Don’t Worry Darling Review


Noa Paparo, Staff Writer

WARNING: Contains spoilers for Don’t Worry Darling

Imagine that it’s 2:00 am on Saturday night. You’ve been scrolling through your TikTok For You Page for far too long when a video actually catches your attention. It’s captioned “POV: Your life is a virtual reality.” You’re almost at the end of the video when your phone suddenly dies. You decide it’s about time to go to bed, but the video overtakes your thoughts. You’re forced to imagine your own ending to the TikTok as you drift off to sleep. And…? It’s the at-home version of Don’t Worry Darling.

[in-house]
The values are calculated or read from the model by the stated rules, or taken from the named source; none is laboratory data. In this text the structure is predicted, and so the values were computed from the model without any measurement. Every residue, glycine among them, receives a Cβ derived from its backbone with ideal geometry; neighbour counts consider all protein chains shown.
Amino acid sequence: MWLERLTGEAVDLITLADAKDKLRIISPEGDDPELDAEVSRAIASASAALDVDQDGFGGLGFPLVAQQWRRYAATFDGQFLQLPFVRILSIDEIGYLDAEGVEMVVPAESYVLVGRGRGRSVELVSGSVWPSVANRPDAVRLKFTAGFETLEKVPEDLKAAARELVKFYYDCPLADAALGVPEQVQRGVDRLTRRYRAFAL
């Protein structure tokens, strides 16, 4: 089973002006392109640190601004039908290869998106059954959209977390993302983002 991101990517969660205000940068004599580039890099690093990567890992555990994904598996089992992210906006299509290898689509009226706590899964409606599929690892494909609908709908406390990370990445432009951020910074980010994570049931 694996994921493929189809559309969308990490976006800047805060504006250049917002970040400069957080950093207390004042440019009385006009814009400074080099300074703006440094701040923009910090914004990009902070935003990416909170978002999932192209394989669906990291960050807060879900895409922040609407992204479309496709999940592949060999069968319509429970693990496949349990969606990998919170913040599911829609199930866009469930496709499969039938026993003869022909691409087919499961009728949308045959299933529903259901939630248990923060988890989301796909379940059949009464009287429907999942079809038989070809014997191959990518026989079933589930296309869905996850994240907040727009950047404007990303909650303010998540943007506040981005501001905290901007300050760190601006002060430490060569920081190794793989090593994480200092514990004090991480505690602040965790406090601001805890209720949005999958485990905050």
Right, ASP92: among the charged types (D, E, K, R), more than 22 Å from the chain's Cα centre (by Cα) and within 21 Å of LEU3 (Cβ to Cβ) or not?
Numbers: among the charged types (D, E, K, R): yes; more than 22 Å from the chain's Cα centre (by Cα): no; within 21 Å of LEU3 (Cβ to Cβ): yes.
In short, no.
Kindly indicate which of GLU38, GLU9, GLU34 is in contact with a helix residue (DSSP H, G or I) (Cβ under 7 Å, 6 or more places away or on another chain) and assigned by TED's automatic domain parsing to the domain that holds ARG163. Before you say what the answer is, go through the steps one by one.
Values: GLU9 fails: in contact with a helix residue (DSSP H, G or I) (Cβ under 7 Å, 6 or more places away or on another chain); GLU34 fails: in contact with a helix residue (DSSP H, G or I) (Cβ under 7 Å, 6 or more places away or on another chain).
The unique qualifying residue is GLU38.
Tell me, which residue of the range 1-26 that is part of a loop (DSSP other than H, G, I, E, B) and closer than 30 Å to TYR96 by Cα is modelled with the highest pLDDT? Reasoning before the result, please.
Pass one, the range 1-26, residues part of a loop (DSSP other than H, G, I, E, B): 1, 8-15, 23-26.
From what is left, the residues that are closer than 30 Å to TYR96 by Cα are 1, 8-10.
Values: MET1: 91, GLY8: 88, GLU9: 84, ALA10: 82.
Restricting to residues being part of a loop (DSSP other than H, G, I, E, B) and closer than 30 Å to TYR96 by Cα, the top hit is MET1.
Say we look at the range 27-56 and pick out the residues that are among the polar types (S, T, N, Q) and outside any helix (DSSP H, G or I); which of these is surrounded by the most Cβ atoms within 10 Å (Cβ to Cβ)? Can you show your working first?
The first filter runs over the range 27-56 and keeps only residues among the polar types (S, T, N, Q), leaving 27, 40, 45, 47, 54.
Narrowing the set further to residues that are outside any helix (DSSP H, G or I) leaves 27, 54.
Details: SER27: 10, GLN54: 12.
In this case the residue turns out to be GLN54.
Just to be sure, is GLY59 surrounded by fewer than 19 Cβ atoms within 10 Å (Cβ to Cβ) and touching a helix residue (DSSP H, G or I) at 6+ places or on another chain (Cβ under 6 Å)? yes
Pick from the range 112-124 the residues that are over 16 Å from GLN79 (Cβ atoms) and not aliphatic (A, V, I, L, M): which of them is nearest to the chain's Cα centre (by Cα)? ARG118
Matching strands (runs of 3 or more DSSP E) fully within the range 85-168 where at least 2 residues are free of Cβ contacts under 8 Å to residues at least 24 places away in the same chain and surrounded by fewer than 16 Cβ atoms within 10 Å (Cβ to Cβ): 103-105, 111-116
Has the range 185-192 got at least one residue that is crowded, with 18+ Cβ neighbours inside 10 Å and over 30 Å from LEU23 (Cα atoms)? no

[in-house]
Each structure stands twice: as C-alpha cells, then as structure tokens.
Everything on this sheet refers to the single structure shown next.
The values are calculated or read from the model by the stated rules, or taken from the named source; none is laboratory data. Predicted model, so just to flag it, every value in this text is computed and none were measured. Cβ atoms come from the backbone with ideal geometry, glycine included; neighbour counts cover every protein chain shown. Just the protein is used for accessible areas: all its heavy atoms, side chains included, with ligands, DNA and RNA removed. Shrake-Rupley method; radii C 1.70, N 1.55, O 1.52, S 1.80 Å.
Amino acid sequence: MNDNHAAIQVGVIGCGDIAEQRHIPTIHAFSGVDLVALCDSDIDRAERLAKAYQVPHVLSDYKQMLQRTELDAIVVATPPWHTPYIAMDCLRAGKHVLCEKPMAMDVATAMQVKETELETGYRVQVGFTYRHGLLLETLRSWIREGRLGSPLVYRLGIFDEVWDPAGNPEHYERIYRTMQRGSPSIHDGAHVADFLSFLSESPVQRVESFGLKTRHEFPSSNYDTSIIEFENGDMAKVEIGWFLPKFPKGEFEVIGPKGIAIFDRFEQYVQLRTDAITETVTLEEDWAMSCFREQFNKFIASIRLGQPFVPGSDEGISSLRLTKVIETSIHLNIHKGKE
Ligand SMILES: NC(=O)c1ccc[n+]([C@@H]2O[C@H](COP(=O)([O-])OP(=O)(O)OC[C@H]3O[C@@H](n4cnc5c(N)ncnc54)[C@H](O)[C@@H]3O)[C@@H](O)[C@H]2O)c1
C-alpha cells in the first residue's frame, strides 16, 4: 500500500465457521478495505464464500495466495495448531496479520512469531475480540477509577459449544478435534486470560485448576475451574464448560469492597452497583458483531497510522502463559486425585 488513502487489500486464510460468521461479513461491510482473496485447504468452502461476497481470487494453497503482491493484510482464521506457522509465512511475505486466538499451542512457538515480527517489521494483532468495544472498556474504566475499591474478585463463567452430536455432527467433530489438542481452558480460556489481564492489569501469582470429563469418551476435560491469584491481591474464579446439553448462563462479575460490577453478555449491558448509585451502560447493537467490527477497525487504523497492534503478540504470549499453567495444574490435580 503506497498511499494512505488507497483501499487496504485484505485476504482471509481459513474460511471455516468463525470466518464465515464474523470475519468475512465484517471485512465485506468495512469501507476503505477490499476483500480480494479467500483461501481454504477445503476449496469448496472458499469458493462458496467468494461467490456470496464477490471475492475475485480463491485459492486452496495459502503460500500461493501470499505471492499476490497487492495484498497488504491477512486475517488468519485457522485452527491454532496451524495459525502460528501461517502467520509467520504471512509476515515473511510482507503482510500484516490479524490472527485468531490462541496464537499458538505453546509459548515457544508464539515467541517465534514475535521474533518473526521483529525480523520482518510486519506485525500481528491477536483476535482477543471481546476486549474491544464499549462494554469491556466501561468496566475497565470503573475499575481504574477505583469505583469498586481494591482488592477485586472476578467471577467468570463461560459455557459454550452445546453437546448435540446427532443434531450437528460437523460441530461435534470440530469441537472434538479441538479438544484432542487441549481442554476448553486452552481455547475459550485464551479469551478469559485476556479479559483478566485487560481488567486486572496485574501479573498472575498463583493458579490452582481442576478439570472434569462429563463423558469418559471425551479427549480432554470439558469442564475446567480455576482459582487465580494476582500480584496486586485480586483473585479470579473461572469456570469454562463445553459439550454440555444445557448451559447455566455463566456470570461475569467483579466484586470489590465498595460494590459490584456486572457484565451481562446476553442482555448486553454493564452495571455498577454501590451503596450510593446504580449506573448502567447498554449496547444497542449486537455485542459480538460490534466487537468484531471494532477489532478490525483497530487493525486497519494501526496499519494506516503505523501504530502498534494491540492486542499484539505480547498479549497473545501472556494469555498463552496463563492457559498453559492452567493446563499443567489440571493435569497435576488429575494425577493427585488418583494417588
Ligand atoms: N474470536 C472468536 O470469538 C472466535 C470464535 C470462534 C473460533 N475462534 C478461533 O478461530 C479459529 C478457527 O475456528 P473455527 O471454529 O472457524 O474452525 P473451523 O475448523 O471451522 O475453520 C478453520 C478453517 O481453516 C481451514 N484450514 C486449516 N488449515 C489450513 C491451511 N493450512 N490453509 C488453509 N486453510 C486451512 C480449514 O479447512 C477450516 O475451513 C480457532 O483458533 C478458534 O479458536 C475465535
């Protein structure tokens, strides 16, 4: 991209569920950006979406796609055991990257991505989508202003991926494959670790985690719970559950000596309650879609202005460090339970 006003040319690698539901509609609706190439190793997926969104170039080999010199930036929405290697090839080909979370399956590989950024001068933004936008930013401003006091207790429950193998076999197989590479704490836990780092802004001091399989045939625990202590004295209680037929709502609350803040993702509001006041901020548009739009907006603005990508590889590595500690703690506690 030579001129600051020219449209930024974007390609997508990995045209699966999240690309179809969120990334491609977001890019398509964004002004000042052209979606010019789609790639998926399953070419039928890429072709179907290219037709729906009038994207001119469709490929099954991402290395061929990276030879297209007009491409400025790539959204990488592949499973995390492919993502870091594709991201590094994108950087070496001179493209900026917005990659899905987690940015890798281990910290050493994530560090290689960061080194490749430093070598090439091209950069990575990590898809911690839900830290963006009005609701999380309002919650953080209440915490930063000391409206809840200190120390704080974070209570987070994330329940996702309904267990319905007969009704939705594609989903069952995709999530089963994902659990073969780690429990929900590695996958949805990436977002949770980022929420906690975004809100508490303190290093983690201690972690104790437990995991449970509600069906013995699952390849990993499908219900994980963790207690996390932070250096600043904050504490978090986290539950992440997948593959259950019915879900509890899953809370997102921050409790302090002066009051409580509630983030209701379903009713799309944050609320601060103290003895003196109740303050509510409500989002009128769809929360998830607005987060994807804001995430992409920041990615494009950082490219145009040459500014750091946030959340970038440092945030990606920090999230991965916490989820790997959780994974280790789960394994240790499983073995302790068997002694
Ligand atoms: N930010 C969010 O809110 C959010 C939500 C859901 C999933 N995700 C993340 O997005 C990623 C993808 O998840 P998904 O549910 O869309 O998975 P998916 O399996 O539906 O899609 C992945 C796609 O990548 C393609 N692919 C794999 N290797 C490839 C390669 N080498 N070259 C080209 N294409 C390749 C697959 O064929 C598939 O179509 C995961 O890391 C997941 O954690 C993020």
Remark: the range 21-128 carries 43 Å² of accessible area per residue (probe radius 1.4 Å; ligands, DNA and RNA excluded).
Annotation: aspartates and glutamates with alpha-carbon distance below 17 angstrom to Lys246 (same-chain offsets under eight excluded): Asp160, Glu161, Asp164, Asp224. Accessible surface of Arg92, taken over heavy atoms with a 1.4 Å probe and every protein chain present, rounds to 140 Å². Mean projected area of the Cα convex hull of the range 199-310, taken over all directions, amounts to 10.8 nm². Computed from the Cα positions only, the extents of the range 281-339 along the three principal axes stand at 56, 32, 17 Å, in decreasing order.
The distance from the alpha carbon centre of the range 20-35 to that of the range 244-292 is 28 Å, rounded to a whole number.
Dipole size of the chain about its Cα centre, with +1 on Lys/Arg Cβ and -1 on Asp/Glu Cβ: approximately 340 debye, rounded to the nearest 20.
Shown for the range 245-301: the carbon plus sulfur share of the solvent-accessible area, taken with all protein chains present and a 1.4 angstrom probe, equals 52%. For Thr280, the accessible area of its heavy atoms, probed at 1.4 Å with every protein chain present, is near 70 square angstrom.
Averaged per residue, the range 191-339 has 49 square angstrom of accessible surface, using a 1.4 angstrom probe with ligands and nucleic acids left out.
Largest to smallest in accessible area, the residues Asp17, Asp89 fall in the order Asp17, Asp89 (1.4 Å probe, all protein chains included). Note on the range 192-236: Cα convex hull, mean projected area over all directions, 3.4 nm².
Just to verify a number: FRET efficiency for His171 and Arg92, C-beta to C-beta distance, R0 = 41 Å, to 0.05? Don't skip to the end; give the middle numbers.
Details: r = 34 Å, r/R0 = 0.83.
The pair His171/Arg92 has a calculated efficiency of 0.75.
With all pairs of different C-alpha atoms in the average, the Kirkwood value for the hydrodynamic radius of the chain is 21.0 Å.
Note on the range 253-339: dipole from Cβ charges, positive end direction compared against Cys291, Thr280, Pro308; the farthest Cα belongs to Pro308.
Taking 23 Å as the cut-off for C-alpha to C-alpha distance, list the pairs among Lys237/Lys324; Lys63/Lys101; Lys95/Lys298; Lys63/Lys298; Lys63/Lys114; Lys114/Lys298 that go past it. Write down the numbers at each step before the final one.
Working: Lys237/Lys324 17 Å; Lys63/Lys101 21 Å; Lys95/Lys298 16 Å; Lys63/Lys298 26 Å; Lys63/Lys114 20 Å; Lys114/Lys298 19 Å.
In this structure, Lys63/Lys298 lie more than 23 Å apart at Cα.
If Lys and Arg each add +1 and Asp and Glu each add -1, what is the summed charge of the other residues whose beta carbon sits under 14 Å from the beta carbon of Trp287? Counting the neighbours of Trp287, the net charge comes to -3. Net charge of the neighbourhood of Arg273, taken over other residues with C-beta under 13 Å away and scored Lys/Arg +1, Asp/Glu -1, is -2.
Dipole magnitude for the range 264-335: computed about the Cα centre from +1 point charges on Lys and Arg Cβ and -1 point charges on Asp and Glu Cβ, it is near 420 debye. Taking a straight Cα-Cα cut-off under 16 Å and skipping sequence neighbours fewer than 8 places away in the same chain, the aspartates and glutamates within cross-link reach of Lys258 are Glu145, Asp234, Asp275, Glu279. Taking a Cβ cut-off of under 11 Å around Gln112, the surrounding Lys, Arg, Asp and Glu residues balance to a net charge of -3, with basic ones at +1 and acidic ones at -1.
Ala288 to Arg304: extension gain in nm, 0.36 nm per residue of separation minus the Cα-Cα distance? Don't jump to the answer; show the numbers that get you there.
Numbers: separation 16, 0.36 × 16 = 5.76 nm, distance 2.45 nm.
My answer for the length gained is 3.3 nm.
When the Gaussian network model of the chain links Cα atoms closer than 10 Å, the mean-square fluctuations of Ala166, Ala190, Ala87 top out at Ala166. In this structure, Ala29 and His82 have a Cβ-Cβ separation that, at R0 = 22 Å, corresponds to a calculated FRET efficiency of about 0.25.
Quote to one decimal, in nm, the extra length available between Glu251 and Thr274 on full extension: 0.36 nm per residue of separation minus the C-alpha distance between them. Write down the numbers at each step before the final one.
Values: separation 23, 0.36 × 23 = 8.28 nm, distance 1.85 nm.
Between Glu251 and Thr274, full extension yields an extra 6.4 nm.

In the summer of 2019, actor and director Olivia Wilde disclosed to the public that she was working on a new project, Don’t Worry Darling. Wilde was previously best known for her work directing the 2019 movie Booksmart, a story about making up for lost time in adolescence before it becomes too late. Filled with chaotic teenage adventures, Don’t Worry Darling greatly contrasts this previous work as a physiological thriller. 


The stand-out of the film was the incredible lead, Florence Pugh, playing Alice Chambers.  Pugh was the glue holding the movie together. She depicted consistent emotions of paranoia and fear, setting the mood of certain scenes, and used facial expressions to  make the concern behind her perfect housewife facade visible. Her acting clearly showed how Alice was feeling at different stages of paranoia, and helped my understanding throughout the movie.